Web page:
December 5, 2018
Trump approaches second Kim summit with precious little to bargain with.
As US President Donald Trump eyes a second summit with North Korean leader Kim Jong-un for a breakthrough in stalled denuclearization talks early next year, Washington faces its own dilemma stemming from a lack of bargaining chips.
Time may also not be on Trump’s side, with reported cases of sanctions being eased, intelligence reports pointing to North Korea’s continued work on nuclear and missile programs, and a fast-approaching 2020 presidential election.
North Korea has called on the US to take “corresponding measures” — which appear to include sanctions relief — as a sign of mutual trust before taking further denuclearization steps.
Washington, however, has been reluctant to give away its most powerful bargaining chip — sanctions — and has demanded Pyongyang take more irreversible measures to dismantle its nuclear weapons, which has left the countries in a diplomatic standoff.
“The US has not many bargaining chips other than sanctions, after it lost some of its leverage by halting the joint military exercises between South Korea and the US,” said Chun Yung-woo, a former South Korean national security adviser and nuclear envoy in the six-party talks in the 2000s.
The United Nations Security Council passed a series of sanctions resolutions, which greatly restricts the North’s international trade, to punish North Korea for its tests of intercontinental ballistic missiles and nuclear weapons.
“Without sanctions, the US only has a military option left. That is Washington’s dilemma.”
Trump suspended South Korea-US joint military exercises, which he has called “expensive,” after the Singapore summit with Kim. The North views the drills as rehearsals for invasion, though the allies have said they are defensive in nature.
Chun said North Korea will likely demand a reward for every step it takes — from dismantling its major Yongbyon nuclear compound to a verification for that — a typical negotiating tactic of North Korea called the “salami tactic.”
“North Korea’s plan is that it is using all the cards it doesn’t need and offering to trade them with the only cards held by the US,” he said.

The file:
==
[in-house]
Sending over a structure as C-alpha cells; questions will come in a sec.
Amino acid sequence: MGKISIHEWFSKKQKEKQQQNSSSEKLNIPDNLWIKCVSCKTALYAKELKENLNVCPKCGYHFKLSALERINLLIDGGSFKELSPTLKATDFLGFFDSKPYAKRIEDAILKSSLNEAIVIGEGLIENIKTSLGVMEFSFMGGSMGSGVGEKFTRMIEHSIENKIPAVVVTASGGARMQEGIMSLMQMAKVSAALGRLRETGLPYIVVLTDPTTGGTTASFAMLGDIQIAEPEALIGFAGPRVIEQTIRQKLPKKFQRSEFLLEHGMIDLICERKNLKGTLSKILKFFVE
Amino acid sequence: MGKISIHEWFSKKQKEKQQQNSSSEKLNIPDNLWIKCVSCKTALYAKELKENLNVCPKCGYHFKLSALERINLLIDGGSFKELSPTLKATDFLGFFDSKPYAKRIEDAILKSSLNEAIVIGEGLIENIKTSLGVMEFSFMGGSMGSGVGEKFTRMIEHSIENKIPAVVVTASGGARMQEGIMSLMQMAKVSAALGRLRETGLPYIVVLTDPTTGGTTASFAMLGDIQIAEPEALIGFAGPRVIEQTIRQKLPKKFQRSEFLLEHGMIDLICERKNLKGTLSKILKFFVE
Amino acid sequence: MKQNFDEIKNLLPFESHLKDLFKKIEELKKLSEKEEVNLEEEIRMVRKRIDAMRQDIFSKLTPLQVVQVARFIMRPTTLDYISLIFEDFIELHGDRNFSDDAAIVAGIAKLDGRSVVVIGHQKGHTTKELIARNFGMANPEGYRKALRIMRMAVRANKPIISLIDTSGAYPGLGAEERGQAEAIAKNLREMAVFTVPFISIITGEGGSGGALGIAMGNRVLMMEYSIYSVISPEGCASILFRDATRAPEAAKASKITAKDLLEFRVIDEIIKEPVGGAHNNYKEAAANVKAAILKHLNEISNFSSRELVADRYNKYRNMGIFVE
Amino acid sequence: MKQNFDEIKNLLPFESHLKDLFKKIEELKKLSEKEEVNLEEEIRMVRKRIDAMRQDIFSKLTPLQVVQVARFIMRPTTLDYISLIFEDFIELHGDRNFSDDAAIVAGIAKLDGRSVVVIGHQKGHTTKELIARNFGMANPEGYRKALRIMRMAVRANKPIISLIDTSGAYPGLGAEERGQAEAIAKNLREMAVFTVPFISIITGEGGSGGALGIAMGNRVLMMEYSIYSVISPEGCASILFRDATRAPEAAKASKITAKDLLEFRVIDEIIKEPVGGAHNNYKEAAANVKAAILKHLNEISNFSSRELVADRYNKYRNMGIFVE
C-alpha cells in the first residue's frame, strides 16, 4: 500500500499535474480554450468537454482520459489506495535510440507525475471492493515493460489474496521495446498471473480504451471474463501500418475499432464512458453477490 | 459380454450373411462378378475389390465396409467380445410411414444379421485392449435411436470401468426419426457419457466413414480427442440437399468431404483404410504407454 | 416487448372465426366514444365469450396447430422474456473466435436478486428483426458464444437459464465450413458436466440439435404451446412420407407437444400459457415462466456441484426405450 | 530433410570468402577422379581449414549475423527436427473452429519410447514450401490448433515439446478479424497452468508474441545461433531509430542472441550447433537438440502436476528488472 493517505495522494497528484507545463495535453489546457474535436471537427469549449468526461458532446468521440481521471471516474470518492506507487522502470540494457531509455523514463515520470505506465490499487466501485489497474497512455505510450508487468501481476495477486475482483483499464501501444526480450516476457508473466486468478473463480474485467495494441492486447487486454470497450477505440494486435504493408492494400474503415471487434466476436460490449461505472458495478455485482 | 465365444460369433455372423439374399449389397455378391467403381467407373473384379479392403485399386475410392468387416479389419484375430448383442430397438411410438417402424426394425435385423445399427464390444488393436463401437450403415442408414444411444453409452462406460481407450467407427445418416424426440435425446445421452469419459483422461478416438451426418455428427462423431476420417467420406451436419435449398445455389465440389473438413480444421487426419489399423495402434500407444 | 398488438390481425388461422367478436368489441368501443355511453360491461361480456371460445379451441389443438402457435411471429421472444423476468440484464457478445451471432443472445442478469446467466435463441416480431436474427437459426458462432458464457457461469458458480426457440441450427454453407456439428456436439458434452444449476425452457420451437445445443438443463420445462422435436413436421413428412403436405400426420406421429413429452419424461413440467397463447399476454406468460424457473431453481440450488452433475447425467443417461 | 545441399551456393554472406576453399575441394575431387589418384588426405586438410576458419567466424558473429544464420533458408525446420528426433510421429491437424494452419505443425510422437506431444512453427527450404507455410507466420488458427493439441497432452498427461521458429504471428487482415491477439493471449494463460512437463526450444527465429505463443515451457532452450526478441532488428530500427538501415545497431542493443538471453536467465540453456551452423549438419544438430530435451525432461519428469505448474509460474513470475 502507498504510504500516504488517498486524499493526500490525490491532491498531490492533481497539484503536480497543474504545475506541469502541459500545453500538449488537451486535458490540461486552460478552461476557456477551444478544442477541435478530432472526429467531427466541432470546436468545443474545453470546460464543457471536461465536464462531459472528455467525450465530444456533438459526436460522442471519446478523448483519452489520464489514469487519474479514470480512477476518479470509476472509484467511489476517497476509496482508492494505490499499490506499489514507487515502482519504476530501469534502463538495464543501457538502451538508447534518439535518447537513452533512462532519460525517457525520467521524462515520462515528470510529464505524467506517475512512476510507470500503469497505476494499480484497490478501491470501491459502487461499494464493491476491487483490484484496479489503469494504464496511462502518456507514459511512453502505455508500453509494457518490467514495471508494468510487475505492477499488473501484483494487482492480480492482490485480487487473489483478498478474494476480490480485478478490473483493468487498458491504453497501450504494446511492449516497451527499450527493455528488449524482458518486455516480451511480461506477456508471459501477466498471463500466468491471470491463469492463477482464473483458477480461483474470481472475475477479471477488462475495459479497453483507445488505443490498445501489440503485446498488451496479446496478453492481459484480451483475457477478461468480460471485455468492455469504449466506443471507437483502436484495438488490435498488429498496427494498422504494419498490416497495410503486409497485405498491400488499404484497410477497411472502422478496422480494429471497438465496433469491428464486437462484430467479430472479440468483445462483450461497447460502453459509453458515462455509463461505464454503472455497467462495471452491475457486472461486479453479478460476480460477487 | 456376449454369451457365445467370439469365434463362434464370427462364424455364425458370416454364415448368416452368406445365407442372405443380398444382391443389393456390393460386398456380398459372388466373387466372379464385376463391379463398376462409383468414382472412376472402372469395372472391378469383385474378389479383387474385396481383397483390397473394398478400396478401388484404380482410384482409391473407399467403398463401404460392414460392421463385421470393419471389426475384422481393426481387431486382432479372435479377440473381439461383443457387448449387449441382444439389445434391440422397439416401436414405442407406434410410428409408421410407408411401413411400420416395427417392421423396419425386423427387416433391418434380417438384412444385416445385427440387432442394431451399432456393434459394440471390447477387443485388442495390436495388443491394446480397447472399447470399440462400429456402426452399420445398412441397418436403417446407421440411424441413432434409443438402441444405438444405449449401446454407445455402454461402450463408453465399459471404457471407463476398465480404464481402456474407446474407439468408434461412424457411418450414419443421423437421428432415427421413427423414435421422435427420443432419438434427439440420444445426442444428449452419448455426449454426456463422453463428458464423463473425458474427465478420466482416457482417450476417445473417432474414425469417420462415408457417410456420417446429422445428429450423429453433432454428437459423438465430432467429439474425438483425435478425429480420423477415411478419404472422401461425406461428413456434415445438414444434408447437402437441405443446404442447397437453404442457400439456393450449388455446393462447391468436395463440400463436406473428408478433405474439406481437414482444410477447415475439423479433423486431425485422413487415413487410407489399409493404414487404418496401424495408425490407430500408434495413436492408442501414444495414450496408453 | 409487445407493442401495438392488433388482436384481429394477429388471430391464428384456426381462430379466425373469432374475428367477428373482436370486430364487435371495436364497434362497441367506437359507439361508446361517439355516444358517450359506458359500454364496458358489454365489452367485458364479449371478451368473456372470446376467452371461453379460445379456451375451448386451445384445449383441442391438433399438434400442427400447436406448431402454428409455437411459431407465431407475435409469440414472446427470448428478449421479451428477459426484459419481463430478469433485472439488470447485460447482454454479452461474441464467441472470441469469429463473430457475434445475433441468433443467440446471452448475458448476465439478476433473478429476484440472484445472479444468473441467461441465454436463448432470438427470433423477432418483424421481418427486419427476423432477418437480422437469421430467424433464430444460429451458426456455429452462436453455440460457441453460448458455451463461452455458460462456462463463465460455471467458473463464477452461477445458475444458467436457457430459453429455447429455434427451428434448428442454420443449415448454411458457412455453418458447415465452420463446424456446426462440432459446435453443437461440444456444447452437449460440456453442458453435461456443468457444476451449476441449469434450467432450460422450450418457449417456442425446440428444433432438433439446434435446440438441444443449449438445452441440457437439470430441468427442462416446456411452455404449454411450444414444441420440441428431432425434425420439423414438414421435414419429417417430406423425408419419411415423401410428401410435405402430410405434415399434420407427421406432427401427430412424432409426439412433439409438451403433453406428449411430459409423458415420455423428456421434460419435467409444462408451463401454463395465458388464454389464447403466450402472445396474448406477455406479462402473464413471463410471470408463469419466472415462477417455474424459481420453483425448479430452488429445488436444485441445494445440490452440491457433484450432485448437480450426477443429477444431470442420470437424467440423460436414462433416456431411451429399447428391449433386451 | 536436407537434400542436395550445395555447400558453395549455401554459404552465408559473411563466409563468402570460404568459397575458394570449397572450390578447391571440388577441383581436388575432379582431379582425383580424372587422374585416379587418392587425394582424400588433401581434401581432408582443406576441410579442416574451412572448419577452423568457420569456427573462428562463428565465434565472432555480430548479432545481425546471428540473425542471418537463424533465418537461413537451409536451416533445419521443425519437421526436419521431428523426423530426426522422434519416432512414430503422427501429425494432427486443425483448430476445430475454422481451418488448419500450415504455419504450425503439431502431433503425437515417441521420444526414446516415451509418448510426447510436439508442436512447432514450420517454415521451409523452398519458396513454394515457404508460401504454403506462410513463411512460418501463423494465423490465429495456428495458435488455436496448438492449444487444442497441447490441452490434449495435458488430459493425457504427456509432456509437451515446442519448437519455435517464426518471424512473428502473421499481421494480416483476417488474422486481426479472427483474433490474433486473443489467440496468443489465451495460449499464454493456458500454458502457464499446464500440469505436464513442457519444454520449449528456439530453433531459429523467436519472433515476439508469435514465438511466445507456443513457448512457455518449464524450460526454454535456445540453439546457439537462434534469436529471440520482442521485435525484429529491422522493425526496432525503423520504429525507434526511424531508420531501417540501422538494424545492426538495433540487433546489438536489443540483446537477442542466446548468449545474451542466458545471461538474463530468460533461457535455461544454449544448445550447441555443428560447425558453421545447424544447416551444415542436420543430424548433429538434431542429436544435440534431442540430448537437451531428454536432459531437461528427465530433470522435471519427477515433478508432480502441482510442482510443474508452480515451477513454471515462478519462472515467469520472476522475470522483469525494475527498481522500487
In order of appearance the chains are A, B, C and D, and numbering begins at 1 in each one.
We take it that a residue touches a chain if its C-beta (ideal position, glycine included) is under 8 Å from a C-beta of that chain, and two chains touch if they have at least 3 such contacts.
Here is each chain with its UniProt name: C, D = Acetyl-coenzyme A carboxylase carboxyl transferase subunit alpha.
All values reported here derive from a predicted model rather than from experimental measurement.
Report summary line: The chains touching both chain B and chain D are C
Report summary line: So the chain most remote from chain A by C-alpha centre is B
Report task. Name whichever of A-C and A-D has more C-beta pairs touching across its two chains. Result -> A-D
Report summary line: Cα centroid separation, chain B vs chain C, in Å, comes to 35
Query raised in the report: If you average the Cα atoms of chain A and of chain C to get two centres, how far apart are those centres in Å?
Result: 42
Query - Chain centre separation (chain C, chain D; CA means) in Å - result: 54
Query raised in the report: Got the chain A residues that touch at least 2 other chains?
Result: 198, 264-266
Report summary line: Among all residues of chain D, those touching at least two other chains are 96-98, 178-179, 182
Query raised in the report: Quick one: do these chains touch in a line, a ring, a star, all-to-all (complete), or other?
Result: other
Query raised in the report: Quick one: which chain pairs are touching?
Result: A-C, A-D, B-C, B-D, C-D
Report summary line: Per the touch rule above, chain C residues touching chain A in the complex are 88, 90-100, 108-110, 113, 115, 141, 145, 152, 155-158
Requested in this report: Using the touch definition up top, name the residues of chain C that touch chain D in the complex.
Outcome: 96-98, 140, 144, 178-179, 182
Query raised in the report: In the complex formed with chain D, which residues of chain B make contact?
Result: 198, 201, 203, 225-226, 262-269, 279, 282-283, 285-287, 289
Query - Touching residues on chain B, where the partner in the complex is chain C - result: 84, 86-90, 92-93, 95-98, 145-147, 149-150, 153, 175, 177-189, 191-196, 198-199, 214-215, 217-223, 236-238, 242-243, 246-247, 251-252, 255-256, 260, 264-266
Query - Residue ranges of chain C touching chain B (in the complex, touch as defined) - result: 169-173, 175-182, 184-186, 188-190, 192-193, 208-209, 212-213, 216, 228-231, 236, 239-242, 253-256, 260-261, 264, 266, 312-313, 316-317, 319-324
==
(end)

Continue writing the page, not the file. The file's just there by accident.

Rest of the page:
Once multilayered sanctions begin to be eased, however, the international sanctions regime in itself would likely lose momentum, and the US would end up with less leverage to motivate the North to further denuclearize.
“Even though sanctions remain in place, implementation has loosened considerably, and China and Russia are open to allowing North Korea (to) reap some benefits even under the current regime,” said Ankit Panda, a North Korea analyst at the Federation of American Scientists.
Time running out for Trump
The year 2020 is crucial for both Kim, who hopes to make progress in time for the 75th anniversary of the founding of the Workers’ Party, and Trump, who needs to claim a victory in nuclear diplomacy ahead of the presidential election.
Trump has said he is in “no rush” to finalize a deal with North Korea and remove sanctions against it, but time appears to be on North Korea’s side, according to Harry J. Kazianis, director of Defense Studies, Center for the National Interest.
“Kim Jong-un, by most accounts, is in his mid-30s and wants to live a very long life. We must remember his time horizons are decades not just three to six years like the Moon and Trump administrations,” he said.
“If Kim does not test any missiles or nuclear weapons, he has the advantage of being able to wait out any current US or South Korean leaders that offer terms he feels he can’t live with, or, he can always ally with Russia or China until terms with America and South Korea warm to his liking.”
The Democrat-controlled House is expected to slow the pace of Trump’s nuclear diplomacy to some extent by keeping his administration’s engagement with the North under tighter scrutiny.
For Trump, however, a win or a diplomatic breakthrough would be personally important to him before running for re-election in 2020, given his domestic problems, Kazianis said.
“Kim has likely concluded that Trump is the least hawkish person in his own administration — and has the most to win or lose — so they want to likely deal with him for the most part,” he said.
For a better deal, Kim appears to prefer to talk to Trump face-to-face.
North Korea has not responded to the US’ offer of working-level talks to discuss the substance of denuclearization since their Singapore summit in June when Kim committed to work toward complete denuclearization.
Bruce Klingner, a senior research fellow at the Heritage Foundation, echoed the view.
“The regime prefers dealing with President Trump, who it sees as more likely to offer concessions as he did in Singapore,” he said.